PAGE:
January 2014. Early morning.
EPA dirty-water technician Doug Renegleis (pronounced re-nuh-GLESE) awoke from his beach-chair snooze at the edge of the Gowanus Canal to the buzzing of his phone.
It was an email.
Lab tests on the prior week's collection of Gowanus Canal sludge had uncovered unprecedented levels of ununseptium (element 117 in the periodic table), a highly radioactive evaporation residue resulting from the fusion of calcium and berkelium.
"What?" Renegleis muttered to himself. "That's impossible."
Renegleis was turning the phone over in his hand, trying to wrap his mind around the findings, when suddenly a growl came from the canal. Sprinting over to the edge, Renegleis arrived just in time to see what could only have been some type of hallucination: two giant construction workers, possibly twins, heaving mightily at a thick rope the end of which was tied to a hulking mess of goop and metal slowly emerging from the water. Renegleis strained his eyes into focus, the twins strained their muscles, and slowly the instrument revealed itself. Could it be? A giant bear trap.
On that cold January night Renegleis wrote a short a poem. Then BOOM.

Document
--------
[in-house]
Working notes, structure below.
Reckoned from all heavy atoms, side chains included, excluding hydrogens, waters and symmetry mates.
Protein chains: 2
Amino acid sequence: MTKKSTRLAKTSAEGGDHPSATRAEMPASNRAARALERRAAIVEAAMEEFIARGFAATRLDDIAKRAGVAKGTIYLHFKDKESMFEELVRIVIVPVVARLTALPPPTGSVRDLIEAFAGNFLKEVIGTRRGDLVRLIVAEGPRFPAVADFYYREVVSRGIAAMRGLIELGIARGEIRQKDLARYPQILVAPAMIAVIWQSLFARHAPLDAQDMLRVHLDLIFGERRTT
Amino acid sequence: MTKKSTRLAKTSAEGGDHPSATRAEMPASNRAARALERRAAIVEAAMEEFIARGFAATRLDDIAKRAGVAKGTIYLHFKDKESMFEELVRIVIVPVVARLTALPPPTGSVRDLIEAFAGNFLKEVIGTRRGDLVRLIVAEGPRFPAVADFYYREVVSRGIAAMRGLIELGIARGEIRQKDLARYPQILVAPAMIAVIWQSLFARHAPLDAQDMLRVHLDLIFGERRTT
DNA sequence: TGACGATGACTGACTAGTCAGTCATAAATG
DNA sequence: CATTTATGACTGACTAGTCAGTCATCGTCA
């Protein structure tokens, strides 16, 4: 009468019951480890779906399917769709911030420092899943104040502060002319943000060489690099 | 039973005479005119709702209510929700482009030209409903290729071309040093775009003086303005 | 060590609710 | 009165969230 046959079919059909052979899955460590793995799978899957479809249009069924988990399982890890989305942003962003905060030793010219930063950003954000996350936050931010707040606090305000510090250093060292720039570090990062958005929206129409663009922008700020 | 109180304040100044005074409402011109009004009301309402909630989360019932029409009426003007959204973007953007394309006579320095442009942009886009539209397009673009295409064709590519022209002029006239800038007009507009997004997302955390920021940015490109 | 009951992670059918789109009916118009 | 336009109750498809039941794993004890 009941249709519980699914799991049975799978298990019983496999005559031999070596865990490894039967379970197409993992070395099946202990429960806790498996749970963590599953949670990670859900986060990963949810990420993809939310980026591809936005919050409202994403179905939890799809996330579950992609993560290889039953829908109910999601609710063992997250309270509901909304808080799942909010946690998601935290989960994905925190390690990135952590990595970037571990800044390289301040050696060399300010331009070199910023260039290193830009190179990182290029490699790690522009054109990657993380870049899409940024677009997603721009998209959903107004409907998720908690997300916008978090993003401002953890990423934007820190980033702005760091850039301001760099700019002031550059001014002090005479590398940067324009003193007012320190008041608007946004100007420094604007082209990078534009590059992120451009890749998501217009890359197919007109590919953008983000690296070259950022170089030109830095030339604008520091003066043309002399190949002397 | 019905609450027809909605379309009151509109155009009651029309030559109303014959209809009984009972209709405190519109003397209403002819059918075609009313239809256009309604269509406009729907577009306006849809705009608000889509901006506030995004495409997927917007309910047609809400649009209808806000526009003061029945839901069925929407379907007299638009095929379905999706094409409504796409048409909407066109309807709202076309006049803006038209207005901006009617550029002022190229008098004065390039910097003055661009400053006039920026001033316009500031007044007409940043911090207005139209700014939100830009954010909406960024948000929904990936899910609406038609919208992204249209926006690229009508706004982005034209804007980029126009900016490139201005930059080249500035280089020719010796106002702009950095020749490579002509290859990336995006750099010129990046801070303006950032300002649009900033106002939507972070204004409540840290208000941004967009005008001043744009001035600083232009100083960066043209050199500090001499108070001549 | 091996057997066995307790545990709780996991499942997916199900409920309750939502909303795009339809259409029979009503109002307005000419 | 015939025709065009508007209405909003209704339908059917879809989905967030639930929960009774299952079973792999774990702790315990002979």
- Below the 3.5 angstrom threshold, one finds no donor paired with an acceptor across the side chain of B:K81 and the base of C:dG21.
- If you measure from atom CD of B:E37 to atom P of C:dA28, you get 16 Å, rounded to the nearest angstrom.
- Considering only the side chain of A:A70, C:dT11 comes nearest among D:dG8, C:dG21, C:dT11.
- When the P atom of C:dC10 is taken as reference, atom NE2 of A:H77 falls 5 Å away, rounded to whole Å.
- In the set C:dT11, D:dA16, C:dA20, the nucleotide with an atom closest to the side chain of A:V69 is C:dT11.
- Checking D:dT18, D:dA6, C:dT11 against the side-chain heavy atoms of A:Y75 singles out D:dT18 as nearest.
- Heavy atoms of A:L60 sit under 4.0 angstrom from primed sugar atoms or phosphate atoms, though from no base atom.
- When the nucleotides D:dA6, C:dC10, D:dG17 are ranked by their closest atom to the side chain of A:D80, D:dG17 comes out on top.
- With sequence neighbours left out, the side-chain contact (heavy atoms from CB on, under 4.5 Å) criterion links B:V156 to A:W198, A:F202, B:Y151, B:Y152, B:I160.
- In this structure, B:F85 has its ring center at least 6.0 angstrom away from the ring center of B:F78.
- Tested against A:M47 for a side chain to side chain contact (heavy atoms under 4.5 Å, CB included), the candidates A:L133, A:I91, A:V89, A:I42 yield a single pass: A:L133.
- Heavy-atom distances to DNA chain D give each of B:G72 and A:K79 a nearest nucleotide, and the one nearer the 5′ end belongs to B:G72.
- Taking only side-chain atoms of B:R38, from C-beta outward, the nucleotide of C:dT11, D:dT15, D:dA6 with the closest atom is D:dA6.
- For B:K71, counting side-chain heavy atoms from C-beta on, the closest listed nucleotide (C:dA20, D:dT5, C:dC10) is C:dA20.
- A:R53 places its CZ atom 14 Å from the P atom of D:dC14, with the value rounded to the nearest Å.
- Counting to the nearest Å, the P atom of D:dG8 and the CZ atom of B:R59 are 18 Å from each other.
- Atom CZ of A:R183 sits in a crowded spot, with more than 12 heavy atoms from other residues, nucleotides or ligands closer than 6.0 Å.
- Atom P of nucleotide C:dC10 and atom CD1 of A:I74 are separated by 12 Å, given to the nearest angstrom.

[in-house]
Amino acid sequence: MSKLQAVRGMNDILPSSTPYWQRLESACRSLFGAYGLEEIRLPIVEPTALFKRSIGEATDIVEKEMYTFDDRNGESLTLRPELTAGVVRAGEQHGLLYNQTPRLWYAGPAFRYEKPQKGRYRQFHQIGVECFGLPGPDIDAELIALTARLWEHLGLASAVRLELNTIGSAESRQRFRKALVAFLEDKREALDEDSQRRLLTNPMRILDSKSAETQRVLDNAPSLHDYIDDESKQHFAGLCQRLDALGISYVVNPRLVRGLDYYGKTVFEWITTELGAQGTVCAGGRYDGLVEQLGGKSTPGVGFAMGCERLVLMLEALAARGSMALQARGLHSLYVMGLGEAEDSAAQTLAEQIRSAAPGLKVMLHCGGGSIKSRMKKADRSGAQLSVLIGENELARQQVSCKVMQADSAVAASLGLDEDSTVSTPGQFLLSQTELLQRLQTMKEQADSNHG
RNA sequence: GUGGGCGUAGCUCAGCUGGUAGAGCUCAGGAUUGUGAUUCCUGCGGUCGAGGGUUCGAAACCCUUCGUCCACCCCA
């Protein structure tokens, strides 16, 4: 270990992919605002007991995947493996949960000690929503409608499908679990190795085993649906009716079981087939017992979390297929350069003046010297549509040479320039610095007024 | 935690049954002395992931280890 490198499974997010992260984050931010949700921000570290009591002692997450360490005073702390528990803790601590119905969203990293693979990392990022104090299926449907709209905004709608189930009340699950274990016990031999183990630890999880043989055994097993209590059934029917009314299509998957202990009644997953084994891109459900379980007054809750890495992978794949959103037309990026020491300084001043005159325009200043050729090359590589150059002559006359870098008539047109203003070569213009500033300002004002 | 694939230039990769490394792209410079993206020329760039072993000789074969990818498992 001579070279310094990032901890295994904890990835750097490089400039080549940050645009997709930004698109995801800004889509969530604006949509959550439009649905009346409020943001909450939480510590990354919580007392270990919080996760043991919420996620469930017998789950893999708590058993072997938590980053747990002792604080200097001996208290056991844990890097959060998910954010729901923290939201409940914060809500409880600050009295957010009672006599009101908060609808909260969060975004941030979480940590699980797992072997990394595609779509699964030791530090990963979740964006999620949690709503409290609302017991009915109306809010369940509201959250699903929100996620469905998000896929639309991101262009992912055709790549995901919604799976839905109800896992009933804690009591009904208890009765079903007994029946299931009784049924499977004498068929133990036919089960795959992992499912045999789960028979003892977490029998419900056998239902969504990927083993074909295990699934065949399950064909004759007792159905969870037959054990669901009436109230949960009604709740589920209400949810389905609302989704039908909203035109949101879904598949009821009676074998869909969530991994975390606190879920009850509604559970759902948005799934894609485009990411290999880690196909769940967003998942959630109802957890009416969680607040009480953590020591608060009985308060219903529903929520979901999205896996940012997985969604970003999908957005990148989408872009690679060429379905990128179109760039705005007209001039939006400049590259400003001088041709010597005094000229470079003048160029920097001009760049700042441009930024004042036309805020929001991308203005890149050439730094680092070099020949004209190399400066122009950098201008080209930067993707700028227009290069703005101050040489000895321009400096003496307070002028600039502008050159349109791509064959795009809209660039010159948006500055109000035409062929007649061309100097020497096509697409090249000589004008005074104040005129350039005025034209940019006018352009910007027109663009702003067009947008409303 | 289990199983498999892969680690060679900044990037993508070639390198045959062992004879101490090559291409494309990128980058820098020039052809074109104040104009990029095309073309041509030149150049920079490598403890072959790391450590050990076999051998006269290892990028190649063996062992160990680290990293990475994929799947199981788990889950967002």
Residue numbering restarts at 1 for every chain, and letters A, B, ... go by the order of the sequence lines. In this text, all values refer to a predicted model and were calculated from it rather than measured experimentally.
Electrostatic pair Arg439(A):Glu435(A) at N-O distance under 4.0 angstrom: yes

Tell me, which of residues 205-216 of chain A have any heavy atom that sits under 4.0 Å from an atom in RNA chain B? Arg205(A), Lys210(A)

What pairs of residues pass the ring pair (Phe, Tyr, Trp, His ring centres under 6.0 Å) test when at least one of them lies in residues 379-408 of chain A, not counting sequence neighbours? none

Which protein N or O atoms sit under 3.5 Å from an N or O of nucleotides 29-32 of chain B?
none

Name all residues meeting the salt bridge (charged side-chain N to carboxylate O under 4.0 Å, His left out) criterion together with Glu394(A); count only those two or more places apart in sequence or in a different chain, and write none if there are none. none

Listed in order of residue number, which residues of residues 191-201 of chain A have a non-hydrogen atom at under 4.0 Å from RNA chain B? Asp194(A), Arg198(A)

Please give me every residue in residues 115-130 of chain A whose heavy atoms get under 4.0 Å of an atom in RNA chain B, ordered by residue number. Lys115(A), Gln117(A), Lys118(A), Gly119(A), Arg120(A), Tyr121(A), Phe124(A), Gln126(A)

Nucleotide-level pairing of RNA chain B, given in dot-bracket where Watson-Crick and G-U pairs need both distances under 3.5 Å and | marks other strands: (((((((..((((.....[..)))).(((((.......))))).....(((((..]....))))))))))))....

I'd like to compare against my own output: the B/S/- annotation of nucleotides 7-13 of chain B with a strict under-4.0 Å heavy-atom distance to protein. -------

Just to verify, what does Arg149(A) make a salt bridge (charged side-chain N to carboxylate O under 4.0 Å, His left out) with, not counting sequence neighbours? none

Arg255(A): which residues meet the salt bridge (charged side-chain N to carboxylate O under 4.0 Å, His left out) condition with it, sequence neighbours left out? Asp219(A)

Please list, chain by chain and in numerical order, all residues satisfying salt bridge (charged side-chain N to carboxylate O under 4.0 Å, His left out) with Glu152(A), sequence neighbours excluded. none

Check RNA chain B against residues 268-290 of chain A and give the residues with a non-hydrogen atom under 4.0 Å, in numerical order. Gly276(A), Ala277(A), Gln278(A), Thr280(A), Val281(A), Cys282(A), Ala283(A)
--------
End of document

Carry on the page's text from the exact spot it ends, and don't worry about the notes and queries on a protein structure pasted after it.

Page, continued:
In March of that same year four men were found inside a recently pressure-washed subway car, alive but unconscious, piled in a corner by the motorman's booth and enveloped in a sopping mess of frayed quarter-inch cables and black mayonnaise. Their ranks included a prominent luthier, a Zen HVAC technician, a retired garbage man, and a software rocketeer. Terrified that these men were the victims of some foul chemical experiment, the NYCTA workers turned their power washers on the crumpled bodies and let it rip.
Steam filled the car. The sound of yelling, wild laughter.
Minutes later, they emerged. Cleansed. Ready.
"Where's my keyboard?" said one.
"I don't know," said another. "But I think we're late for practice."
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